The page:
How do we knock on the door of this mystery? How do we accept our unknowing in a prayerful, life-changing fruitful way? The answer lies in what might be termed ‘falling through the cracks of nature’. Every day we are faced with opportunities to see our own fragility and that of others, and to look at the beautiful works of nature as they wax and wane. Letting these things make an impression on us is what I mean by ‘falling through the cracks of nature’. We all interface with these clues to our own not-knowing and not-being-in-charge, but do not necessarily see them on the level that will make us into better people. Benedict’s statement is all about finding that new level within the world around us, starting with ourselves. When we come face-to-face with our own dead wood – our inabilities, our life-changing illnesses, our fears – we have the opportunity to fall through these experiences to a new level, a place where we can relate to the cycle of nature, accept that we are not ultimately in control, and yet make the decision to do the best we can with what we have been given.
So too with our dialogue with nature itself: with the animals we share the world with, the plants and trees of the garden that teach us so much about the arresting wonder and fragility of God’s creation. We can fall through those cracks and see there something of ourselves. These works of creation are not philosophers, neither do they understand the works of creation. No, their glory lies in their ability to do what they were created to be. And they do this work without halt or complaining, from one century to the next. Are we able to accept that we, too, do not fully understand?
So too when we have to deal with the darkness in other people’s lives: the bad attitudes, the anger, the dominant aggression of bullying, the passive aggression of ‘adult sulking’ and making people suffer in small ways. All of these things are brick walls that cut off God’s work of grace, but they also provide a window into the brokenness of the perpetrators, their own dead wood, their own sin, their own inability to live like Christ. Whilst these things are wrong and need concretely addressing, we can on some level fall through the cracks of these relationships and, rather than seeing an aggressor, see a broken person, someone who needs healing.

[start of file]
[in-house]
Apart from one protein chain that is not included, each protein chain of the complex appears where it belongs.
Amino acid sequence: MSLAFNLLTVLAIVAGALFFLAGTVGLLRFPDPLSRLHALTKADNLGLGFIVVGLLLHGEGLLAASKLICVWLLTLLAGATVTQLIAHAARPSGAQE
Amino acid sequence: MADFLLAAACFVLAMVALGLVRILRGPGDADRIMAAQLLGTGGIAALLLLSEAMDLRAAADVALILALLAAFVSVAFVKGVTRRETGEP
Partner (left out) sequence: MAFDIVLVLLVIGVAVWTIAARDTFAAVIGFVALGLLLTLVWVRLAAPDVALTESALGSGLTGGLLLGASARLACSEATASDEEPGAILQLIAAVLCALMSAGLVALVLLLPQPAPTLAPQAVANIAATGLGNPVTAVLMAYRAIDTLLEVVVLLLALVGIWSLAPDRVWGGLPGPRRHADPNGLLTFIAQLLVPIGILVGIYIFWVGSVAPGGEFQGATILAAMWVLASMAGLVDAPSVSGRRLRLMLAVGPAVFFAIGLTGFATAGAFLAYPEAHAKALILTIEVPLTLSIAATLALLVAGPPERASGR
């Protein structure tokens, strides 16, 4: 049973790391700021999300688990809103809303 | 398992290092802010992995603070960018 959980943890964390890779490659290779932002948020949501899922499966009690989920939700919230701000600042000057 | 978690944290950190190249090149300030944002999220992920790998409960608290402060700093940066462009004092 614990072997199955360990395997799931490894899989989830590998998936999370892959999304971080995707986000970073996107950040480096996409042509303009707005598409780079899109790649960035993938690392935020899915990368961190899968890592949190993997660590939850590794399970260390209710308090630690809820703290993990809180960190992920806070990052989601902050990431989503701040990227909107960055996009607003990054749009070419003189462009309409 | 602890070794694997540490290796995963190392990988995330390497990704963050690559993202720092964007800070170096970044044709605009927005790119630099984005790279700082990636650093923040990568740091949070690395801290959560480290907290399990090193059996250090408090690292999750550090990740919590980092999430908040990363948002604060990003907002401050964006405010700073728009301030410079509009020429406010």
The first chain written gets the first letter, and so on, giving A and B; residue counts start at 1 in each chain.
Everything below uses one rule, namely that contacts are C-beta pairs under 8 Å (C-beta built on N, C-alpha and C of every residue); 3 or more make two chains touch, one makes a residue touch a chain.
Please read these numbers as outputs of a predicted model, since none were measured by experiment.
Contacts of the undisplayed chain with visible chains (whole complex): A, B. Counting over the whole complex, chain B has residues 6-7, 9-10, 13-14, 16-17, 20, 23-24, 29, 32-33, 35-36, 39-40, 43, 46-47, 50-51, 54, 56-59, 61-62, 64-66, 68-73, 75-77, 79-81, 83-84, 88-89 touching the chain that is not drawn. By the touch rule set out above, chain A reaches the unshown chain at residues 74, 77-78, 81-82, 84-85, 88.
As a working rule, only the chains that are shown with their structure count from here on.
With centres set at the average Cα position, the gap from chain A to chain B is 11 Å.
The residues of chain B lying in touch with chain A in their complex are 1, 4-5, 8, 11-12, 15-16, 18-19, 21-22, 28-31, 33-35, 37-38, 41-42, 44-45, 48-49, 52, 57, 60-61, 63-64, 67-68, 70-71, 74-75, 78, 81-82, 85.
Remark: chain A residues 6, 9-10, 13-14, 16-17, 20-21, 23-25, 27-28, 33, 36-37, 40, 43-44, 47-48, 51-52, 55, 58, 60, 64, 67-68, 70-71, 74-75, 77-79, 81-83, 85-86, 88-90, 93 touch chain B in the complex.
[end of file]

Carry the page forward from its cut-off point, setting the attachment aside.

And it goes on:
At the root of this action of falling through the cycle of nature, to see what God is perhaps asking us to see, is compassion. A gardener is used to accompanying beautiful specimens on the journey of life and death, but if that gardener didn’t care, if there was no compassion, no empathy, it would be a meaningless journey. It’s the same with people: we only grieve so bitterly because we loved so much. And we can say the same for ourselves (for Jesus said we should love ourselves): we fear death only because we wish to cling to life, it means something to us.
We are taught, then, to be compassionate, to use all that we see with our eyes and hear with our ears as a way into compassion. And compassion is a going-out-of-one’s-self thing, it involves relating on a profound way with another, whether that is a partner or a photo of a stranger.
In Christ’s world, there are no exceptions to the giving of compassion. None, whatsoever. Jesus regularly outraged people by giving compassion to those who ‘shouldn’t’ be given it. This is just one scriptural message to the hardened heart of mankind, a message that warns us against placing ourselves as judges over others. Simultaneously it asks us exactly what Benedict is trying to instil in the heart of his monks: it is telling us to realign with the important things in life, and to make love (i.e. compassion) the first commandment.
Love has found its way into the most terrifying aspect of our human existence, which is death. Love found its way in through Jesus. He has conquered not only His own human death, but all death, and ours personally, and we can now live in the sure hope of resurrection from the dead, trusting that love surpasses all things, even death itself.
Death is very close to us all. Ask any A and E doctor or nurse, and they will testify to the fragility of life. Nobody plans to go to the emergency room. We are as fragile as the flowers of the field. Benedict knew that we must use the truth of our fragile condition as a means into beginning a new kind of life. This sometimes means a daily decision to live a new life. And that life is one of love, because love is the only action we can make that will bring us into the fullness of eternal joy. The murmurs of our immortality are all around us, God has planted them as seeds around our temporary field; as we watch these things grow, accompanying the cycle of nature through the highs and lows of life on earth, we ask for the grace to see something there, a mirror of ourselves and of God’s plan. We ask for the grace to accept our human condition, to embrace our not fully knowing, and to see in all things – especially the things that we are sometimes frightened of seeing – the beginning of eternal life.